Nature offers a narrow and unpredictable window for breeding fish, and Mississippi State University scientists are studying ways to help hatcheries stock the state's lakes.
What if conditions could be controlled within hatcheries so the intense seasonal workload could be dispersed over time? This ability would be especially beneficial for the popular black, white, and hybrid triploid Magnolia crappie.
In collaboration with the Mississippi Department of Wildlife, Fisheries, and Parks (MDWFP), Charlie Culpepper is studying methods to better manage and optimize crappie reproduction. Culpepper, a graduate student in the MSU Forest and Wildlife Research Center, said he hopes his research will aid MDWFP fish biologists by providing reliable and effective breeding alternatives to the present system.
"I'm looking at hormone-induced and out-of-season spawning, as well as the cryogenic preservation of sperm," Culpepper said. "Current methods require the collection of females for captive spawning within a very narrow and difficult-to-determine time frame for fertility. While sperm is present in male crappie at any time, it's typically collected when needed for fertilization."
This approach means hatchery personnel are collecting material from both males and females during the same time frame, which often overlaps the reproductive windows for multiple fish species produced at the hatcheries.
Mississippi hatcheries produced more than 3.7 million fish between June 2013 and December 2014. Of these, more than 500,000 crappie were used to stock Mississippi lakes.
Being able to preserve viable sperm and to induce female spawning in a tank system without seasonal restriction would allow fish hatchery biologists to manage the reproduction process and timing. This ability would stabilize the workflow and potentially increase hatchery production of crappie fry, which are raised to fingerling size before being released. Culpepper's research has already identified effective methods that could be used to improve current practices.
He tested three common spawning-induction hormones and identified a preferred treatment. Additional testing to confirm and specify these findings is planned for this year. If this research were applied, fish hatcheries would be able to collect female crappie without missing the natural spawning window. The new method would save time and money, and it could also improve the success rate of reproduction because more variables are controlled.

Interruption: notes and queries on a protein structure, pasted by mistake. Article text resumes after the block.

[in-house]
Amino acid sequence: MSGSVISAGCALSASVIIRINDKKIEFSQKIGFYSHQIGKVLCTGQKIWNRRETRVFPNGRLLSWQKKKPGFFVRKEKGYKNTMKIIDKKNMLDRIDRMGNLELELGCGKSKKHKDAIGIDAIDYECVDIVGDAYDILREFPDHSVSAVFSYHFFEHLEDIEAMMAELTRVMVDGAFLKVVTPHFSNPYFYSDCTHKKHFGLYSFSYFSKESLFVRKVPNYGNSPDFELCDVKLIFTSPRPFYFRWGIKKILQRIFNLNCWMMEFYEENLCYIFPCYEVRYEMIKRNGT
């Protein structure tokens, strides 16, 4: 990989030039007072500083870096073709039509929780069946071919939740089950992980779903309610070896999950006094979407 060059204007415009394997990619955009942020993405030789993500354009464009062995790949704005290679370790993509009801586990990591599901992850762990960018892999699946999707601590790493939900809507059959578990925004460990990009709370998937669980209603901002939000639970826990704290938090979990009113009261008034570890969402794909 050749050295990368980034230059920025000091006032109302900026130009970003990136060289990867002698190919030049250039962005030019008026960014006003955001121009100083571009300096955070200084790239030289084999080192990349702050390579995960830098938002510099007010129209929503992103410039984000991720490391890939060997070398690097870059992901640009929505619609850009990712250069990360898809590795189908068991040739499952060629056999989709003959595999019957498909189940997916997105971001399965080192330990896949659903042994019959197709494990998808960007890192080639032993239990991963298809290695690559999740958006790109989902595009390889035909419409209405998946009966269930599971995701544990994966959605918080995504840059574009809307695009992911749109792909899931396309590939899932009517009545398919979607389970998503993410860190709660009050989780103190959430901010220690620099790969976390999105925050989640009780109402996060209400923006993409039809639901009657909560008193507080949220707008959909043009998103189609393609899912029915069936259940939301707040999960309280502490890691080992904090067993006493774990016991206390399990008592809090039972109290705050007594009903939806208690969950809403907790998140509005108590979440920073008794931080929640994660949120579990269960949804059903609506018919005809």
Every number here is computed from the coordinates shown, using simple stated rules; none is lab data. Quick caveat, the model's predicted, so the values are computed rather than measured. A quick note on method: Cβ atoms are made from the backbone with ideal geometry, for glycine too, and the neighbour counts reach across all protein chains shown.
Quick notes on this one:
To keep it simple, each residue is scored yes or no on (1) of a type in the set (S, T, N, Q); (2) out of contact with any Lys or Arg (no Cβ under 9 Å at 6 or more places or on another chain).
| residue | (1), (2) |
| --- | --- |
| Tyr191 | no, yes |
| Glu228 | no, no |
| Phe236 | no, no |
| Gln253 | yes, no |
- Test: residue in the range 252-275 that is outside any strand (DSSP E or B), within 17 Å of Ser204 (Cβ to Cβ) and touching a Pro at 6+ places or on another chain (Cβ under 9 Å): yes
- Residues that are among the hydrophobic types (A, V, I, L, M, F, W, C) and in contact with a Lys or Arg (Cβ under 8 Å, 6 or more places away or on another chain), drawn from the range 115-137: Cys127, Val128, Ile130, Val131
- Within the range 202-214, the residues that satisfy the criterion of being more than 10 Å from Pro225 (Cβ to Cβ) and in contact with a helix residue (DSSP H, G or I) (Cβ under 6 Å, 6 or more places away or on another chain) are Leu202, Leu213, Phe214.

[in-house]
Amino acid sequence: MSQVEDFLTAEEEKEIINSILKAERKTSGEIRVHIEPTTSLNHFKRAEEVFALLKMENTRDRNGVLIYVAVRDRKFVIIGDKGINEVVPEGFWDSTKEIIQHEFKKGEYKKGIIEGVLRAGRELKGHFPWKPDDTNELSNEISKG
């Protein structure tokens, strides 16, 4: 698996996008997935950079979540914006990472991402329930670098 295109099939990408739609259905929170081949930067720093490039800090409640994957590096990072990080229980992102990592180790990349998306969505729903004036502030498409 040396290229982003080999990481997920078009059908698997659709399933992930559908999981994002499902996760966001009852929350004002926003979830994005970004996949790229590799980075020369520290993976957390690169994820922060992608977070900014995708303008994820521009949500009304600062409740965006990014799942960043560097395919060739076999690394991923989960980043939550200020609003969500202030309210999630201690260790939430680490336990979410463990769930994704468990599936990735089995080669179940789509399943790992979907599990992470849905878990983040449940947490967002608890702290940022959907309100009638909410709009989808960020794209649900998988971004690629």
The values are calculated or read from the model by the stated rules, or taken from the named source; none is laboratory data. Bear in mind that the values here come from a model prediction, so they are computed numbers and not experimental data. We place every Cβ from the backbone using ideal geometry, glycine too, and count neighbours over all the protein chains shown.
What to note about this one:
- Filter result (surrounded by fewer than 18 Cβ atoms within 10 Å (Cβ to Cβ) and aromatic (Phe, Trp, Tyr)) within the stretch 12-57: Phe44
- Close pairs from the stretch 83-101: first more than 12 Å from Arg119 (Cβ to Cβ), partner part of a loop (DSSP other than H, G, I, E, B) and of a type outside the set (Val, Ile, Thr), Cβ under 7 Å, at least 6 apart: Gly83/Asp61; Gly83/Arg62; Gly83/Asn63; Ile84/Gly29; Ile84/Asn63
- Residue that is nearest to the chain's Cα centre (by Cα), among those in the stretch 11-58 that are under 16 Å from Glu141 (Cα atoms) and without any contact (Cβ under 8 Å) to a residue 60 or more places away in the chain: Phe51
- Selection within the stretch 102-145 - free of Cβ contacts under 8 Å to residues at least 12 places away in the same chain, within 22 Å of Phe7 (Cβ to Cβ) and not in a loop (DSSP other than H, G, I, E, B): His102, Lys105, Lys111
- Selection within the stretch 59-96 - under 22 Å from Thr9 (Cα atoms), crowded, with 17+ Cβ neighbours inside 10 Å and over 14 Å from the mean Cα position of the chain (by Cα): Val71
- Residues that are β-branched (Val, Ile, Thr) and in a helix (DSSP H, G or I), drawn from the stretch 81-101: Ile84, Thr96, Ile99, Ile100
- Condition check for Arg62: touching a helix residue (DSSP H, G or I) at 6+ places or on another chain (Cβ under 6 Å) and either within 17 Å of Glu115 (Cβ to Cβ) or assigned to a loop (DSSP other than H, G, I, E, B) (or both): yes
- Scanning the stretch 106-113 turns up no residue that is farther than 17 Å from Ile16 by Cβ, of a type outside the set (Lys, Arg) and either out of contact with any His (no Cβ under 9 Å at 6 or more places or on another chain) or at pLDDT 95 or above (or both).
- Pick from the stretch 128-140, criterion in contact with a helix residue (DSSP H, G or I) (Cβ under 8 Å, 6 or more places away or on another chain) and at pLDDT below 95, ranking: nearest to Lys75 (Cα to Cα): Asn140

In collaboration with the Louisiana State University Aquaculture Research Station, Culpepper identified an effective cryoprotectant-buffering solution capable of safely preserving crappie sperm for fertilization at a later date. Preserving crappie sperm would allow hatcheries to handle the male and female fish at different times.
"This development improves two aspects of crappie reproduction efforts," Culpepper said. "There's a management efficiency benefit by the reduction in labor and cost when you take half of the fish out of the picture. There's also the genetic benefit of selecting certain traits in crappie for breeding."
The third aspect of Culpepper's research involved controlling variables related to spawning season. Dr. Peter Allen, Culpepper's supervising professor and a researcher in the MSU Forest and Wildlife Research Center, explained these variables.
"You can control water temperature and photoperiod—amount of daylight, amount of nighttime—which, in effect, controls the season for spawning," Allen said. "Once fish are reproductively mature, then you can induce spawning with a hormone treatment."
Tom Holman, MDWFP fisheries coordinator, said Culpepper's study of out-of-season spawning variables supported crappie brood stock production.
"The crappie brood stock breeding window is very short, and the conditions must be optimal," Holman said. "Charlie managed water quality, temperature, and light, which lengthened the window for brooding breeding in a hatchery setting."
If manipulating these variables can induce spawning early, larger fingerlings can be stocked, which may improve survival. And that is good news for the recreational fishing industry.
"Crappie is one of the species of inland fishes for which Mississippi is known; it's a delicious fish," Allen said. "Crappie reproduce really well given the right conditions, but every couple of years the population will drop, presumably because you don't have proper spawning conditions. Our goal is to help recreational anglers have a consistently good experience."
Mississippi is home to more than 350,000 people who love to fish, and more than 40,000 out-of-state guests buy fishing licenses here each year, generating $528 million in economic activity in the state.